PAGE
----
Hausmusik’s performance of the Mendelssohn Octet comes with the advantage of a sensibly steady tempo for the famous scherzo, allowing for maximum transparency and lightness; and a dazzling finale in which for once the cello’s first scurrying fugal entry sounds crystal clear. The First String Quintet, and the Op. 13 Quartet – Mendelssohn’s homage to the late quartets of the recently deceased Beethoven – are also miraculous products of the composer’s teenage years. The Quintet is quite beautifully done here, but the Quartet, like the late Quintet, Op. 87, is rather lacking in tension and urgency. Woldemar Bargiel was Schumann’s brother-in-law. For all its obvious weaknesses, his Octet contains some attractive ideas, and Divertimenti’s performance makes a strong case for it. Divertimenti is impressive in the Mendelssohn, too – though its finale is not quite as exhilarating as Hausmusik’s; and in the last resort neither group can quite match the élan of the ASMF Chamber Ensemble.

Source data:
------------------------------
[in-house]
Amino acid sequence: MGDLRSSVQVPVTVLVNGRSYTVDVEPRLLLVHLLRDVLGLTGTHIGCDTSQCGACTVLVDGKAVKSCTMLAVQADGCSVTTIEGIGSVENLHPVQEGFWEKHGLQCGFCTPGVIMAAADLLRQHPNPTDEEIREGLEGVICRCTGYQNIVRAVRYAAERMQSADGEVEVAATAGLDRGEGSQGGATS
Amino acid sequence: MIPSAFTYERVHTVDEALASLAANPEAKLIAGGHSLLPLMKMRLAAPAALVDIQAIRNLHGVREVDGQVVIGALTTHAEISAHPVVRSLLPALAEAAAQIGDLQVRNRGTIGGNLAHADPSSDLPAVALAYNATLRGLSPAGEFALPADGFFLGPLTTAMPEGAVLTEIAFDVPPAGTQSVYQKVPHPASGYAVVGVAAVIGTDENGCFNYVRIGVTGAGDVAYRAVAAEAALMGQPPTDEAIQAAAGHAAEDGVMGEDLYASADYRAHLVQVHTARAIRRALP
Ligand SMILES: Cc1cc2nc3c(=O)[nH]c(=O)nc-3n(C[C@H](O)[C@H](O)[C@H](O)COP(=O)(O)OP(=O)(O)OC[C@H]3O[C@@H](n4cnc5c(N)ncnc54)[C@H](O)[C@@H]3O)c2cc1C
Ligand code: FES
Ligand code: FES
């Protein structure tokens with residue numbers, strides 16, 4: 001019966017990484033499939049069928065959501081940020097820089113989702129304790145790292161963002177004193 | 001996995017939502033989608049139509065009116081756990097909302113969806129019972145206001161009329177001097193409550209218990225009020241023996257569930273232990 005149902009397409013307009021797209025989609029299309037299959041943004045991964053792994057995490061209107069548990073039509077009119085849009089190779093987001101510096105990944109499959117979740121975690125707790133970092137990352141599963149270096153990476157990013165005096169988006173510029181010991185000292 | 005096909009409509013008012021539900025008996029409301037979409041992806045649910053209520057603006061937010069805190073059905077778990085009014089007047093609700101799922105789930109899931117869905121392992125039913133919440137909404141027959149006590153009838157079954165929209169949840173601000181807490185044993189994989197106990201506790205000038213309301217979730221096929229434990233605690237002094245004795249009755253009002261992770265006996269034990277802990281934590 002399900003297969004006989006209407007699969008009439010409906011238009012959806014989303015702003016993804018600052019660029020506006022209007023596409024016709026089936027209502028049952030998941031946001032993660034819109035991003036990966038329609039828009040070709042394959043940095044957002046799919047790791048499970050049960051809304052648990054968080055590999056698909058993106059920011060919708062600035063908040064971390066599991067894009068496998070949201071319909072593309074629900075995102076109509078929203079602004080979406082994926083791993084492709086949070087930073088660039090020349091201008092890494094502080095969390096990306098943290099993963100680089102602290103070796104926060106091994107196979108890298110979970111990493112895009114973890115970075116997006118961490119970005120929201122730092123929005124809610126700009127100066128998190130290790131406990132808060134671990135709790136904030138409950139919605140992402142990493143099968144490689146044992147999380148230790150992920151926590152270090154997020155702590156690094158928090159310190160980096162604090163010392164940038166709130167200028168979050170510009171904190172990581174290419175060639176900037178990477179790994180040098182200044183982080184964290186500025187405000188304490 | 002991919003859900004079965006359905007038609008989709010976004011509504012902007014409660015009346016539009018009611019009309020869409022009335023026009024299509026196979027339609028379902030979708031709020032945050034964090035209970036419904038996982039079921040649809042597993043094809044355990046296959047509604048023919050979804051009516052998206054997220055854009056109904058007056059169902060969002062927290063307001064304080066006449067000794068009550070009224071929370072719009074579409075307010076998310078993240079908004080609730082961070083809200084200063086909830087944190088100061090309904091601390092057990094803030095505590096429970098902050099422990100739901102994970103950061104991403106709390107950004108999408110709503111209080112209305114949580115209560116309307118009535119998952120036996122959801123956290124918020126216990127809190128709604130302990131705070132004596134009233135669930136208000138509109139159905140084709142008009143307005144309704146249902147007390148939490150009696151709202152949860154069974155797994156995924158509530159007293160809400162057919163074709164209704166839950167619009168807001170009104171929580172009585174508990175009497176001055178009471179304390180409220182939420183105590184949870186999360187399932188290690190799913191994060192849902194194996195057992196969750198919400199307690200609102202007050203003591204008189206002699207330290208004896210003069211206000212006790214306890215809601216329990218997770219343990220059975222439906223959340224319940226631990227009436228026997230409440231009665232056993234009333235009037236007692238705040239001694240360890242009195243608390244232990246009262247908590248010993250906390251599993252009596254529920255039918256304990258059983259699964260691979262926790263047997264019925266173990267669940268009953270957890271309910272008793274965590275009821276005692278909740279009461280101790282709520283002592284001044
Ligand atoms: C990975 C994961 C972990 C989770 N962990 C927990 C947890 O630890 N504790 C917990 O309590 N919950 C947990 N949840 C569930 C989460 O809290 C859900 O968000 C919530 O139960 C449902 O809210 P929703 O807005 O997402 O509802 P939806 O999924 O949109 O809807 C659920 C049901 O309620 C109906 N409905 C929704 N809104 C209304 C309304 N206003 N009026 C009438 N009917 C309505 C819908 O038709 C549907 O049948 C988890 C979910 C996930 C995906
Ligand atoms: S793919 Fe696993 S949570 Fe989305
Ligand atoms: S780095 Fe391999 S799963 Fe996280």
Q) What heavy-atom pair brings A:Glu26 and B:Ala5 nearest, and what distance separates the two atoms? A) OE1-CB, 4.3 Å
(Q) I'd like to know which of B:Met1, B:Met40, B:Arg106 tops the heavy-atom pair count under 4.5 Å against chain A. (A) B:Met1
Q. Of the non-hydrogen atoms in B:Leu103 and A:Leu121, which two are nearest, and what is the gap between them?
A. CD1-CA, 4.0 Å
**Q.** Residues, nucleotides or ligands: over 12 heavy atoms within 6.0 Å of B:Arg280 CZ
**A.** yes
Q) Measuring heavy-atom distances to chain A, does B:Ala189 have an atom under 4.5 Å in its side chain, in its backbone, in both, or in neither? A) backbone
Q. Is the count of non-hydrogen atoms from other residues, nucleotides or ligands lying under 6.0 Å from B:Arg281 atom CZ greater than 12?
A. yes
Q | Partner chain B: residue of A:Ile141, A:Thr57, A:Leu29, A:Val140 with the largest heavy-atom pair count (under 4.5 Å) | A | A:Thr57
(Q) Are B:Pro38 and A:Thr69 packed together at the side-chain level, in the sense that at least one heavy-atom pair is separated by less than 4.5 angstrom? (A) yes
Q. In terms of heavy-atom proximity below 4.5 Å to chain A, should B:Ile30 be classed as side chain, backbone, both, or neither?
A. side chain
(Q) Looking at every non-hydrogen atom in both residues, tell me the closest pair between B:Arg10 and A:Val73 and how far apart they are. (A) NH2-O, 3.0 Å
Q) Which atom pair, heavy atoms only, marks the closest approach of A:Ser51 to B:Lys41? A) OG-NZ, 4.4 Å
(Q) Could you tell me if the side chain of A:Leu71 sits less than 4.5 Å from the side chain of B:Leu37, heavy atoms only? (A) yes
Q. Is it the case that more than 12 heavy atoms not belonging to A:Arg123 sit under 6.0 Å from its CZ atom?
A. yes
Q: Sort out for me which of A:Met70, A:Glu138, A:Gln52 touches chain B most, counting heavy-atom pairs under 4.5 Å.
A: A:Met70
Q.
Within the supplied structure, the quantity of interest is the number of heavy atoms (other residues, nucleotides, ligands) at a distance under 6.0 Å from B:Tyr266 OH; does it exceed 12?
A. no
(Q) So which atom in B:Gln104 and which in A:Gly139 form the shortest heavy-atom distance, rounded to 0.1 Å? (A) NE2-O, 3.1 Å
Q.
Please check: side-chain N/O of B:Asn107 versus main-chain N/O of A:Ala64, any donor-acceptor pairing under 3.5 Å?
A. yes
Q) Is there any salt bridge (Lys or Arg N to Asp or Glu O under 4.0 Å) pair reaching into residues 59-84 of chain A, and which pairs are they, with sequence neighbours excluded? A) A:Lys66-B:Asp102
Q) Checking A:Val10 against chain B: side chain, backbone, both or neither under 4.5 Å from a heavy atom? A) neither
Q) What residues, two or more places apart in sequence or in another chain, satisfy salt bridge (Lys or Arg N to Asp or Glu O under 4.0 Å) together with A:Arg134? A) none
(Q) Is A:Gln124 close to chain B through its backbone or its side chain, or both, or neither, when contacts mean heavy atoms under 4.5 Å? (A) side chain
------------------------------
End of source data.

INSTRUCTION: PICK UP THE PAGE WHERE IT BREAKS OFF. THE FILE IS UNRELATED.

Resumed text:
This collection, which is part of the 9-disk box set "Sensational Sweet - Chapter One: The Wild Bunch", includes the non-album singles and B-sides.
Although the Misunderstood were among the best obscure psychedelic bands – indeed, among the best obscure '60s rock bands of any kind – they barely got to record anything before tragic circumstances broke them up. The discovery of this bunch of previously unknown mid-'60s acetates, then, was big news to psychedelic rock aficionados, though most of this actually comes from their garage R&B days rather than the psychedelic peak they attained with their late-1966 lineup. The first nine of these 14 tracks come from sessions spanning mid-1965 to early 1966, and show them as a ferocious, above-average moody raw R&B-based group, somewhat in the mold of a more guitar-oriented Animals.